Possession of Drugs


“Possession” is an indictable offence. Under common law, a person is in possession of a drug if they have physical control or custody of the drug to the exclusion of others not acting in concert with the person. As well as its common law meaning, “possession” has an extended statutory meaning: a person is deemed to be in possession of drugs if the drugs are

  • on any land or premises occupied by the person; or
  • used, enjoyed or controlled by the person in any place whatsoever, unless the person satisfies the court to the contrary.

The legal test of occupation is having the requisite degree of control over land or premises so as to be able to exclude others. Mere use of premises is insufficient.

Penalties for possession

Possession of cannabis or THC in a small quantity (50 grams or less) not related to trafficking carries a penalty of not more than 5 penalty units. For a first-time offender, the most likely penalty is a section 76 bond. Under the cannabis cautioning scheme noted above, those found in possession of a small quantity of cannabis for the first time are usually cautioned.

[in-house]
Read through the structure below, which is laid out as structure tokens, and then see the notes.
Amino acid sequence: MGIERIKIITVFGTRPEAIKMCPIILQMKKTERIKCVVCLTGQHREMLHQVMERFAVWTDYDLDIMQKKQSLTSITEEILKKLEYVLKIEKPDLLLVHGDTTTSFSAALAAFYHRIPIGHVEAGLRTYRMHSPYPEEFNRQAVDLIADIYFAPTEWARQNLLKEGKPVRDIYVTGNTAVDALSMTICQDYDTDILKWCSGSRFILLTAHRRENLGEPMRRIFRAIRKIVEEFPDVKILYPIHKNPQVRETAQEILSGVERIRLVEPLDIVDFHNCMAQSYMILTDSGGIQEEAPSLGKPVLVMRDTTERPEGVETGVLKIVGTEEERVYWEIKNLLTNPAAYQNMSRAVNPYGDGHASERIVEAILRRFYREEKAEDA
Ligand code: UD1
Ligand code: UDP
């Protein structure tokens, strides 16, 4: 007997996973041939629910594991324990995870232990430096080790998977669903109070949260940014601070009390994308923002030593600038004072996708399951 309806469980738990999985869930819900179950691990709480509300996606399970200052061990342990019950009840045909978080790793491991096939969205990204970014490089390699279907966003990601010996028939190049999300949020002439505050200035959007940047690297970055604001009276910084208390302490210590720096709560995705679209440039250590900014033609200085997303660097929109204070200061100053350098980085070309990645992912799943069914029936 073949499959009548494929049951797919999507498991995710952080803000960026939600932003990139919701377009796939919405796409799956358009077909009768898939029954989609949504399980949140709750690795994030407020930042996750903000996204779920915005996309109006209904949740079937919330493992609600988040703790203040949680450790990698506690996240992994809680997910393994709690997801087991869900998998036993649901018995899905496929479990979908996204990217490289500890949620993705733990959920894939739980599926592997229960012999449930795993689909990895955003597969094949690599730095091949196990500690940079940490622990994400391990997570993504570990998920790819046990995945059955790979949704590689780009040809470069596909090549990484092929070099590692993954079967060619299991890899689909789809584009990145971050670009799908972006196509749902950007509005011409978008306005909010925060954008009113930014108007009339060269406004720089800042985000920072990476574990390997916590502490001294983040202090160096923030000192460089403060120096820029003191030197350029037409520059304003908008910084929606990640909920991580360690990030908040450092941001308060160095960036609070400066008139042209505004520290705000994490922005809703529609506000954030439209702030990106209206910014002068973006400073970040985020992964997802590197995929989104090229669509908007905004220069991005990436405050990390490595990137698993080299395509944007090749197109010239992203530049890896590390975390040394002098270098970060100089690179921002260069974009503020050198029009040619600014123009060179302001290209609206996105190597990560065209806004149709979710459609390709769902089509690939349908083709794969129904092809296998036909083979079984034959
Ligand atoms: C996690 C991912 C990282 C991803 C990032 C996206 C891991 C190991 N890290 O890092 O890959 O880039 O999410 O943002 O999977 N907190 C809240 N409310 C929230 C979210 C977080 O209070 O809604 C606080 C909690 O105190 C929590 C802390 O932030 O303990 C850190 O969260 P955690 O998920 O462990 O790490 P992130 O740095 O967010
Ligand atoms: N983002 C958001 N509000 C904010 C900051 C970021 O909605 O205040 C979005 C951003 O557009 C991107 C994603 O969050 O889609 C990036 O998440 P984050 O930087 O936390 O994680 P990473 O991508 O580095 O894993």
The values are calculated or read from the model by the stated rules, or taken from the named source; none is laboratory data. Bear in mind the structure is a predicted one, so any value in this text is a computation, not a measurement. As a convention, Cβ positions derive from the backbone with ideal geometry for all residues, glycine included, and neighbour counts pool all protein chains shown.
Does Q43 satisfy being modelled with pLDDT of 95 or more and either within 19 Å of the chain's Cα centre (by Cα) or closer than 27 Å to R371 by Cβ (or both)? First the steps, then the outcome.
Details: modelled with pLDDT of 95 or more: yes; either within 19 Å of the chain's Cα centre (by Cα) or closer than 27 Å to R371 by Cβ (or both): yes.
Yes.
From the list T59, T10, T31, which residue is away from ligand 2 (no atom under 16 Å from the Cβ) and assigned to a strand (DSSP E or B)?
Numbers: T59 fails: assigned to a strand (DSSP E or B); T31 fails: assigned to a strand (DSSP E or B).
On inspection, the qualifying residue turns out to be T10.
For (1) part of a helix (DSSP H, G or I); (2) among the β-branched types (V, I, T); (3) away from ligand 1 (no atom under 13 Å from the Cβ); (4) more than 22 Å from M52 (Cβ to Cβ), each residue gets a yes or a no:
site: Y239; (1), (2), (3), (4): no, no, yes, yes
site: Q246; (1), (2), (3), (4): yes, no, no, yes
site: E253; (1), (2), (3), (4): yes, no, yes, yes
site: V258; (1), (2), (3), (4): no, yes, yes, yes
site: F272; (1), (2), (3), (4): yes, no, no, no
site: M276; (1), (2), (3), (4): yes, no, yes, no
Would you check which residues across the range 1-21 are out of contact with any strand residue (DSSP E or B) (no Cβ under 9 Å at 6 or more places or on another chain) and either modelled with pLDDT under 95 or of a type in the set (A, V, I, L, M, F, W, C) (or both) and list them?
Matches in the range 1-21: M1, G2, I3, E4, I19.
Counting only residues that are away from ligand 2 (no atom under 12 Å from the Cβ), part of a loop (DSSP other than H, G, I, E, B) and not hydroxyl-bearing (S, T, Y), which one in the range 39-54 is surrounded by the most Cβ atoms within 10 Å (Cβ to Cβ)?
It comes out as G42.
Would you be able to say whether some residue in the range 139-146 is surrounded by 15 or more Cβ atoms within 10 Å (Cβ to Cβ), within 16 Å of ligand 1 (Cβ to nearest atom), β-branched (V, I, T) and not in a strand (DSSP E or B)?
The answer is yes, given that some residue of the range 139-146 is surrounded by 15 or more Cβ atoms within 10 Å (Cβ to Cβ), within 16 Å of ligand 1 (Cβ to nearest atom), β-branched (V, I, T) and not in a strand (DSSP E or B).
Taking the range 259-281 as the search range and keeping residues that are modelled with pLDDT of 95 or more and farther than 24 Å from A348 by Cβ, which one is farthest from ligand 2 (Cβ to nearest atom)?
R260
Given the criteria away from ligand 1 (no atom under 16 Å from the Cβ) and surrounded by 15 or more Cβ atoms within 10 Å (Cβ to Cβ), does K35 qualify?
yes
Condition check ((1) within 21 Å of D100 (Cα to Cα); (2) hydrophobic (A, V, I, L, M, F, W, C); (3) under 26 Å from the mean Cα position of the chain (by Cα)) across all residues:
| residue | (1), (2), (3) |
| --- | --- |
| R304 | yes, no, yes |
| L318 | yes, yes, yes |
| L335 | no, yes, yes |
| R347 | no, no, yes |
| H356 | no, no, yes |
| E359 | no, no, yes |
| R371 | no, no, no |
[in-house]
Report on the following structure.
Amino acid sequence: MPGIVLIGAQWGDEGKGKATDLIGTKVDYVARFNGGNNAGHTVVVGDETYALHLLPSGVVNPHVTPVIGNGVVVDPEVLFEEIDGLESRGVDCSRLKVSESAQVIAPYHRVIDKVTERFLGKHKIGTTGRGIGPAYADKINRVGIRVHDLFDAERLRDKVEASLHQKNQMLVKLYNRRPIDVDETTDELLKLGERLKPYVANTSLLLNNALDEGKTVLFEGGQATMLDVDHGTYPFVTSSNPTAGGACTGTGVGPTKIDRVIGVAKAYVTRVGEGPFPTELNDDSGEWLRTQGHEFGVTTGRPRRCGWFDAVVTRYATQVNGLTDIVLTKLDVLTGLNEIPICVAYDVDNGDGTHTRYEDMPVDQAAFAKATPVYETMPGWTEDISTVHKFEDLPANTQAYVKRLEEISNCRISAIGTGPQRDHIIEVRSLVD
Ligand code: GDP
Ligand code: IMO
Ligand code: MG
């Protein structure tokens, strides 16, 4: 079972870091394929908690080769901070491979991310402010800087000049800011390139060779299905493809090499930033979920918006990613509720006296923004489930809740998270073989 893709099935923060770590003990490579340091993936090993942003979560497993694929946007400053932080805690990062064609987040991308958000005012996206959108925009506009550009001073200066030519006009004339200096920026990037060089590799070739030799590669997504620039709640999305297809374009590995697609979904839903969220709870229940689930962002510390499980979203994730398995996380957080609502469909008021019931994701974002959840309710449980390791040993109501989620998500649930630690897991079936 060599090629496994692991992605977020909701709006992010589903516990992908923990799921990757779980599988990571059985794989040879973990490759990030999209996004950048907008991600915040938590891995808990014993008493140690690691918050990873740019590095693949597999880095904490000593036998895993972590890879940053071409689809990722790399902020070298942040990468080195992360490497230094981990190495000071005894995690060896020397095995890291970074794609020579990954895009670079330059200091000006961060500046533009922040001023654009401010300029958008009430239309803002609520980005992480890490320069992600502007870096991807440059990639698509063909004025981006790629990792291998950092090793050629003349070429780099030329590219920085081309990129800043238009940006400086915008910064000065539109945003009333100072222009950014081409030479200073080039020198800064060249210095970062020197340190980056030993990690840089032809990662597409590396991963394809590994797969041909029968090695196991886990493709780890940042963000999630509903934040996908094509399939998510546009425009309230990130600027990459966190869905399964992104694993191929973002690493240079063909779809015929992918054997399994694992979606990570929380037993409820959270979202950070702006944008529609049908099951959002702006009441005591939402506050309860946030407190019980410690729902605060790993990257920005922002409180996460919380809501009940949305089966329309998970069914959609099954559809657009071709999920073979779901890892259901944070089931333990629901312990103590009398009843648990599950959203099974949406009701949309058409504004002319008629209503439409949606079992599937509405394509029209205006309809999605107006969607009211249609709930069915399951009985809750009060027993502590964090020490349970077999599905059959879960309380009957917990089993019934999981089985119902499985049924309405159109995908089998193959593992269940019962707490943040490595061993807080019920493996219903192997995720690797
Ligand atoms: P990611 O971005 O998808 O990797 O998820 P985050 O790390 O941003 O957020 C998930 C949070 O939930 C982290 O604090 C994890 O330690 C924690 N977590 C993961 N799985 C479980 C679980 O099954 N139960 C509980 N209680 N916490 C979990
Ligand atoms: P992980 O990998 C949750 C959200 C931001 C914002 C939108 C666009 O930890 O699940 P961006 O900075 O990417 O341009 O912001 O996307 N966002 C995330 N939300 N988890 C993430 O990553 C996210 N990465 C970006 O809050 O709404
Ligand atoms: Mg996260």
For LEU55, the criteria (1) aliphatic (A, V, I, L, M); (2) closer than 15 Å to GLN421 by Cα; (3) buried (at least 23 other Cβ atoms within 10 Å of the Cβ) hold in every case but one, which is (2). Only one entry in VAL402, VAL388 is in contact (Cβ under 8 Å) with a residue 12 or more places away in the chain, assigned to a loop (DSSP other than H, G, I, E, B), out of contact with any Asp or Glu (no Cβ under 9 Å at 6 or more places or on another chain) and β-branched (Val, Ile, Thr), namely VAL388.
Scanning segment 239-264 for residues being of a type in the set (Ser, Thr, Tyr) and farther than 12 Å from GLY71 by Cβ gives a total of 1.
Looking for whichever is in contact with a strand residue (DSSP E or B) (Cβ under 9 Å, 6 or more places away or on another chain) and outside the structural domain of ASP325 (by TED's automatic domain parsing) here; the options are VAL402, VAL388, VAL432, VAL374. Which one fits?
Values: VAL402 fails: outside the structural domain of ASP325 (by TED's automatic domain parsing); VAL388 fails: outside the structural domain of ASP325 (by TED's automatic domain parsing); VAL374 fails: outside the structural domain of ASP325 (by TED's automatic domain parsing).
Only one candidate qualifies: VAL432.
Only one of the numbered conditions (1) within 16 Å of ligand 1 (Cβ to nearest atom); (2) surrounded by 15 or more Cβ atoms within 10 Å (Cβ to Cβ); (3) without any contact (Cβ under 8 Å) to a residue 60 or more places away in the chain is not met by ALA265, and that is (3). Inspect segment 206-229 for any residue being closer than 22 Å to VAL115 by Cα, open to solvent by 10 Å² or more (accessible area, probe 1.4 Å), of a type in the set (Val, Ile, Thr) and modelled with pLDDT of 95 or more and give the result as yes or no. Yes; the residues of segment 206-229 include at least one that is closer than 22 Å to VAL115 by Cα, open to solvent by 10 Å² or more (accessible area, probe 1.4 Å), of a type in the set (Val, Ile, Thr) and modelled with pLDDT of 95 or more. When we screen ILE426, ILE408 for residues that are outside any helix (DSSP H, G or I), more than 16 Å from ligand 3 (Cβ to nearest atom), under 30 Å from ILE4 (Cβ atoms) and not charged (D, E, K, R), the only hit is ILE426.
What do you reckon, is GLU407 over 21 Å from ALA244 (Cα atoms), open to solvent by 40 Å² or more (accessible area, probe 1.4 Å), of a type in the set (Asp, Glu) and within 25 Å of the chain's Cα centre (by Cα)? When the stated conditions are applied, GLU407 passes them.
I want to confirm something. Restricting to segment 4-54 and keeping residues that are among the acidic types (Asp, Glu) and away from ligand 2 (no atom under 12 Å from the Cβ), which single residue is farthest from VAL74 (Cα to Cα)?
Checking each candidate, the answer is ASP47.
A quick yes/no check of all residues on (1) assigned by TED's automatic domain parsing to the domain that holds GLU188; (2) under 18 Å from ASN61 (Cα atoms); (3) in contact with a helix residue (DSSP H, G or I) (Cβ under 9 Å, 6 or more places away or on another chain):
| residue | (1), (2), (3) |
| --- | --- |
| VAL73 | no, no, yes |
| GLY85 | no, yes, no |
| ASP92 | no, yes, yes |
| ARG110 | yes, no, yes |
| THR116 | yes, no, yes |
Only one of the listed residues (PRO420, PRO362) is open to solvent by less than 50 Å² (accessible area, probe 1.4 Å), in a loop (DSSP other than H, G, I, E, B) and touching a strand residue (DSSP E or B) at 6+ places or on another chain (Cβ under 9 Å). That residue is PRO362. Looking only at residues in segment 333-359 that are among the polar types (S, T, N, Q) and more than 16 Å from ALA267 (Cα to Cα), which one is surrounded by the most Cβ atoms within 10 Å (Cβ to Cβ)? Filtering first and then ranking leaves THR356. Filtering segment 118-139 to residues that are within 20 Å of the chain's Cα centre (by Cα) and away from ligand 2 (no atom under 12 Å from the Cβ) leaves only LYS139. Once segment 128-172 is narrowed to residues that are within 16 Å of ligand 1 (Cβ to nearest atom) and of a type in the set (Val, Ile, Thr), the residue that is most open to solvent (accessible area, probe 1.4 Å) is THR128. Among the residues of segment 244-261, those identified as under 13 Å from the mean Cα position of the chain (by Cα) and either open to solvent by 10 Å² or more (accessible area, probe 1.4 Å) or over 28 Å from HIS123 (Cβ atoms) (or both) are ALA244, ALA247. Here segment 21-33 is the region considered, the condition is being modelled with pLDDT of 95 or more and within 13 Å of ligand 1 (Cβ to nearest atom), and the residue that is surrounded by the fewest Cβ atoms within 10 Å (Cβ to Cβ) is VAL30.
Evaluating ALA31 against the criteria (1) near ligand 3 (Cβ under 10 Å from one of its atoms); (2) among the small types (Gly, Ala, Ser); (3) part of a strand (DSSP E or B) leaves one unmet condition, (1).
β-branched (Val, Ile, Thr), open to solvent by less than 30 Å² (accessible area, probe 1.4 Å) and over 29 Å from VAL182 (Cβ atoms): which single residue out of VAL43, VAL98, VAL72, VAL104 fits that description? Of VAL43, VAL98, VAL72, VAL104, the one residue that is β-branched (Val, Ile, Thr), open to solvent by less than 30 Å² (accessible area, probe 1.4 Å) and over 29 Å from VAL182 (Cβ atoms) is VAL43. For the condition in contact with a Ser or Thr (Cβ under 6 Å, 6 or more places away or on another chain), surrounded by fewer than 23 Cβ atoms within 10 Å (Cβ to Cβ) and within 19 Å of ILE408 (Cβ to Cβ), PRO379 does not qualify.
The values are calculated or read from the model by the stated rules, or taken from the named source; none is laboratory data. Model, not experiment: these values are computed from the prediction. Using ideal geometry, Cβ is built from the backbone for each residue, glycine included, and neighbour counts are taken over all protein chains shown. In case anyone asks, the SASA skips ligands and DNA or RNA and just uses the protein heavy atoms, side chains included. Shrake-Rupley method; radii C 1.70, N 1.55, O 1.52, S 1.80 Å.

The maximum penalty for possession of any drug where possession of the drug is not related to trafficking is a fine of 30 penalty units or imprisonment for one year, or both.

For these two sentencing categories to apply, the accused must satisfy the court, on the balance of probabilities, that the possession was not related to trafficking. If the court is not satisfied that the possession was not for the purpose of trafficking then there is a higher maximum penalty of a fine of up to 400 penalty units or imprisonment for five years, or both.

The penalties for cultivation and trafficking will depend upon the level of trafficking or cultivation, i.e. commercial or large commercial, and can carry maximum penalties of life imprisonment.

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